A photograph of a homeless woman, with shopping cart and belongings, sitting in front of a shopping mall displaying Christmas decorations..
credit: Ian Erasmus

In my job as a case manager, I had the opportunity to systematically ask women participating in a dinner program for homeless women, “What is it like to be homeless?” 

 Their responses make the need for affordable housing painfully evident. 

 “It’s become difficult to pay rent,” they said. They’re right. 

The lack of affordable housing is a national crisis for everyone: college students, the working poor, lower- and middle-class individuals experiencing unexpected catastrophes, and people on fixed incomes. All are swelling the ranks of the homeless. Social scientists say the average person would be out on the street within two months of losing a job or source of income. 

Homelessness is not just a problem of substance abusers, the physically handicapped or people with mental illness. It can happen to anyone. 

The women told me about being evicted, about how humiliating and emotionally shattering it is to watch all your belongings — family heirlooms, important papers and identification — thrown out into the street, scattered in the wind. 

“You begin to feel rootless,” they said. 

Exposed, naked, alienated. It seems like the whole neighborhood knows all your business, but doesn’t care. Soon afterward, human vultures pick over your possessions and steal what’s not guarded. 

Now homeless, you spend all day looking for hot meals, a place to sit without being told to “move on,” somewhere to take care of bathroom needs and a dry quiet warm space to sleep. There are no safe  places to store belongings. Opportunities become elusive.     

Discrimination against the poor, especially the homeless, makes it harder to take care of grooming, or more complicated tasks like securing employment with living wages.  Even  getting a glass of water is a challenge. Nobody wants you around. 

You walk everywhere. Transportation and laundromats are not free. In so many little ways, you’re constantly reminded that you are nothing without money. 

It’s difficult to get a job when you’re homeless. Employers look at you askance when they discover you live at ”no fixed address.”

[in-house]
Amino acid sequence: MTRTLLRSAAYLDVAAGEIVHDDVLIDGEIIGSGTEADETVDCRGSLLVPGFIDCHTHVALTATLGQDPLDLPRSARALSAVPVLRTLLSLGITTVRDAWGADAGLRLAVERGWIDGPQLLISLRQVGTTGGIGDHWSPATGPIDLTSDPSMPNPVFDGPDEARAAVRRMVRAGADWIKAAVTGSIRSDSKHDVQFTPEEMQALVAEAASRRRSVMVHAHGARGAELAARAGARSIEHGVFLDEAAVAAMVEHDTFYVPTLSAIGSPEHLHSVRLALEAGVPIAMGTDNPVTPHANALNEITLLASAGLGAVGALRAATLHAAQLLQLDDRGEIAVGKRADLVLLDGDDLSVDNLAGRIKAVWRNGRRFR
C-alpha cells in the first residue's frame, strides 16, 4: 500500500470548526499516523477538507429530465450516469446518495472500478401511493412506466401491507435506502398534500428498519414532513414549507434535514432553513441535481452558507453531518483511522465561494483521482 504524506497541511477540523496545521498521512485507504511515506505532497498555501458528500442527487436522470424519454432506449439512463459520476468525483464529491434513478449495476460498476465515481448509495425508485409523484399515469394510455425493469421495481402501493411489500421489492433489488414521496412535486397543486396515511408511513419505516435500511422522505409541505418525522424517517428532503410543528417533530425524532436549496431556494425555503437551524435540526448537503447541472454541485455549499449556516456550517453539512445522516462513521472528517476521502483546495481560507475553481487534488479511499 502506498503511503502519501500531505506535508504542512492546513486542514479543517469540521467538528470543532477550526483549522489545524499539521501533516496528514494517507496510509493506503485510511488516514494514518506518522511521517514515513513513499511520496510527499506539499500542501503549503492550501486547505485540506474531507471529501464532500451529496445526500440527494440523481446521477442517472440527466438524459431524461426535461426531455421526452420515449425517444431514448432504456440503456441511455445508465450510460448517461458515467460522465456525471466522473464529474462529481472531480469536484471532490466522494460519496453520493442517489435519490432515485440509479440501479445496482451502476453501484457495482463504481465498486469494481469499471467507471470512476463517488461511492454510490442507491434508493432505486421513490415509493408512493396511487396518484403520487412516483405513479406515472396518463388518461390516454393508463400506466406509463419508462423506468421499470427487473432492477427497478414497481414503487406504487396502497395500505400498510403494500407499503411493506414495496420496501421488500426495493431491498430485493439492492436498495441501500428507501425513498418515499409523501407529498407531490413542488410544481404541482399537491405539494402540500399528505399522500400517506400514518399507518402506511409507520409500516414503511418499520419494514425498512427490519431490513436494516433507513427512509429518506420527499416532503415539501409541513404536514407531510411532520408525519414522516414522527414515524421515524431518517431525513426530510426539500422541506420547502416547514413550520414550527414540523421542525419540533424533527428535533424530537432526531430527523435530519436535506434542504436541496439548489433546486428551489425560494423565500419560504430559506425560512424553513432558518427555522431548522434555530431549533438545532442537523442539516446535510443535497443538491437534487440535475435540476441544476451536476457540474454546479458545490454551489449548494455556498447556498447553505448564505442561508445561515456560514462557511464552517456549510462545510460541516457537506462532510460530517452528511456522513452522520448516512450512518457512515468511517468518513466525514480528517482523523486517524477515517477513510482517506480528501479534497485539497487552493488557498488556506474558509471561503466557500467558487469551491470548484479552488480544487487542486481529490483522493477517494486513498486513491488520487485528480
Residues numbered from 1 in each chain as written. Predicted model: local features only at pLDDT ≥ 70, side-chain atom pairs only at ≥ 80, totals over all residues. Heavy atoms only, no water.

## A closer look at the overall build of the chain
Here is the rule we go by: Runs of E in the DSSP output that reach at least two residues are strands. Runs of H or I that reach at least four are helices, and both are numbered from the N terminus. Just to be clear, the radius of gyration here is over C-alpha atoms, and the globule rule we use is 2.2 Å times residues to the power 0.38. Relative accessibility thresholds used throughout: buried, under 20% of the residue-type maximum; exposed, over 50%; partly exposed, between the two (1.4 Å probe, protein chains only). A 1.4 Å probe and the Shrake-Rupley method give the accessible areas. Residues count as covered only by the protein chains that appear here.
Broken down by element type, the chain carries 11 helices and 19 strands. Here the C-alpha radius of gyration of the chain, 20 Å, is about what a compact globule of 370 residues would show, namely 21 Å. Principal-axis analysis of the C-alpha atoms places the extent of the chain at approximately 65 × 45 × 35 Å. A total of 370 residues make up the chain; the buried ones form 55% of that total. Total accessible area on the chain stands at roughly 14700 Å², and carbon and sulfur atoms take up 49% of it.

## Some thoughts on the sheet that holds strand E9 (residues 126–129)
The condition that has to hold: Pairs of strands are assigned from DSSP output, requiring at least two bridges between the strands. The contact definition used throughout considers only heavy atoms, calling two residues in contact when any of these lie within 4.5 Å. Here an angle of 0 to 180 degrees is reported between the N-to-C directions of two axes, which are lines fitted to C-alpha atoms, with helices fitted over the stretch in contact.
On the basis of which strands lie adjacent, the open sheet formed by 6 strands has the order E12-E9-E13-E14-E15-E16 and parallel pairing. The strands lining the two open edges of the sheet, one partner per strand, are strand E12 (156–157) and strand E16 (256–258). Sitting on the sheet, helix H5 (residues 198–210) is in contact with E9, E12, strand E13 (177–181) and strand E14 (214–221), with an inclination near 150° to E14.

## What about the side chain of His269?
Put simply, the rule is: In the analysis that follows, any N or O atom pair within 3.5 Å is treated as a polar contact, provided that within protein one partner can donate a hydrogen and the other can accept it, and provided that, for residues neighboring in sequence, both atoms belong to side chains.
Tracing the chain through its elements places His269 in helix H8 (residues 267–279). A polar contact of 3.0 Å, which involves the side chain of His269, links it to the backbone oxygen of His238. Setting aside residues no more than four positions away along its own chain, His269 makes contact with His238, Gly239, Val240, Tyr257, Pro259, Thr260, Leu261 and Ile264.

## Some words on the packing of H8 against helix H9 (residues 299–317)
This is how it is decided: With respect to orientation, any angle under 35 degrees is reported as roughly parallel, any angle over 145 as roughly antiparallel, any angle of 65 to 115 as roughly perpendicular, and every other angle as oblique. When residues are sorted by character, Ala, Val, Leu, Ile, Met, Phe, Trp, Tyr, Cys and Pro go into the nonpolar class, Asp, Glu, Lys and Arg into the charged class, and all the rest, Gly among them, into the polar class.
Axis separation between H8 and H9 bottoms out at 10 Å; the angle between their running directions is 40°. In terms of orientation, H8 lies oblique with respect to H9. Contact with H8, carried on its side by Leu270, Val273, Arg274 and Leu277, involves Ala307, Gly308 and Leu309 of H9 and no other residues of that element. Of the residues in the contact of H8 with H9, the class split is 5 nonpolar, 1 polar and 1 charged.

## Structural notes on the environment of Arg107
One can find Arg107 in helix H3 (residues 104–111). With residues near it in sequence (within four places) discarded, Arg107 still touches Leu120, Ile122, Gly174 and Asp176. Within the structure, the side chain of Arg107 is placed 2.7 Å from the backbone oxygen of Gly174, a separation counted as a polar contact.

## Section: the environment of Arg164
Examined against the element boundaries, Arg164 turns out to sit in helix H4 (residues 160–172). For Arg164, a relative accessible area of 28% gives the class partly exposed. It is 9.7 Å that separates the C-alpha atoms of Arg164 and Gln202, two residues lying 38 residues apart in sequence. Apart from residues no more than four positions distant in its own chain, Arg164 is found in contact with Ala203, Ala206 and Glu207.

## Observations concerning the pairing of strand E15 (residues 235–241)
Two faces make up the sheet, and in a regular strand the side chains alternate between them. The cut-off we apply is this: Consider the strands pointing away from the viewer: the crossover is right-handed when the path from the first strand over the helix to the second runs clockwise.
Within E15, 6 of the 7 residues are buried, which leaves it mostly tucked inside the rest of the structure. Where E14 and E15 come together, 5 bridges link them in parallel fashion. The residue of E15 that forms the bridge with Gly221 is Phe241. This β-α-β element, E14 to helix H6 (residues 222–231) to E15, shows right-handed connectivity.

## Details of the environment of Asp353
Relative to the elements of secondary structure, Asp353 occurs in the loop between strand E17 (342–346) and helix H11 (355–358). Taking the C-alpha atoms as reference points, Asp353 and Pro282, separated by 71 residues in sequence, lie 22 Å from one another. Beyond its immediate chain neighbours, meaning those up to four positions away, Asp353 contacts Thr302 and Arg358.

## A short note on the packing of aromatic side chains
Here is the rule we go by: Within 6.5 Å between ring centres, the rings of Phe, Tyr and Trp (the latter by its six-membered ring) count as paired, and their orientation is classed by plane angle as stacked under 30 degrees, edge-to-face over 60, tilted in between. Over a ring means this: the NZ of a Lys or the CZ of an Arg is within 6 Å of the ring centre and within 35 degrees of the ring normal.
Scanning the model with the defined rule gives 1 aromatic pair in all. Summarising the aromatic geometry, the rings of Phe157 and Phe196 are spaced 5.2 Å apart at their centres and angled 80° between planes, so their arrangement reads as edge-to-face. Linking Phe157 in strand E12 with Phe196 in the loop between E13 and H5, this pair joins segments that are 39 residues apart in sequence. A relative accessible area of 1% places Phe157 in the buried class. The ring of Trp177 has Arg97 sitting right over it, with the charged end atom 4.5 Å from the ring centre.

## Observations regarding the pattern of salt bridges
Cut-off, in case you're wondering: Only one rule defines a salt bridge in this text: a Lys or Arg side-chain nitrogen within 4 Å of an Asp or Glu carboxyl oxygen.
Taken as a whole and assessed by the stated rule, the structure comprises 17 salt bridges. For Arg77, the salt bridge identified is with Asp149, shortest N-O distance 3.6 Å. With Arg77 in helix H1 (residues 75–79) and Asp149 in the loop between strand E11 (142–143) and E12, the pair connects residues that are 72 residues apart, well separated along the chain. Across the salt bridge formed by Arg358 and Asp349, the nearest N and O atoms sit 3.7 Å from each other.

If you reside in a shelter, you share a shower and toilet with something like 10 to 25 people. There is no privacy. Some shelters are chaotic, dirty, dangerous environments with rigid schedules. You sleep uneasily among a room full of people, a mix of mothers with children, people with mental or physical illnesses, thieves and combative jerks. 

Few people choose to be homeless. Those who sleep on the streets are guarding the only possession they feel they have left: their personal freedom. 

The longer a person remains homeless, the more difficult it is to return to the mainstream of society. Being homeless is destabilizing, demoralizing and depressing. You’ve lost your base, a foundation from which to function. It becomes hard to focus. Constant obstacles chip away at your self-esteem and your healthy personality withers, disintegrates, scatters.   

You become scared, frustrated, angry, bitter, distrustful. You’re always tired, overwhelmed. Little tasks become chores as depression saps your energy. Stress clouds your judgment. You grab at anything that looks like an opportunity, yet you feel like you’re getting nowhere.  

No one should ever be homeless. In a country as wealthy as the United States, affordable housing should be a right, not a privilege. 

 

Paula Dyan experienced homelessness for seven years when she was younger. The last fifteen she worked with the homeless community. Now she is retired and continues to advocate for  homeless people.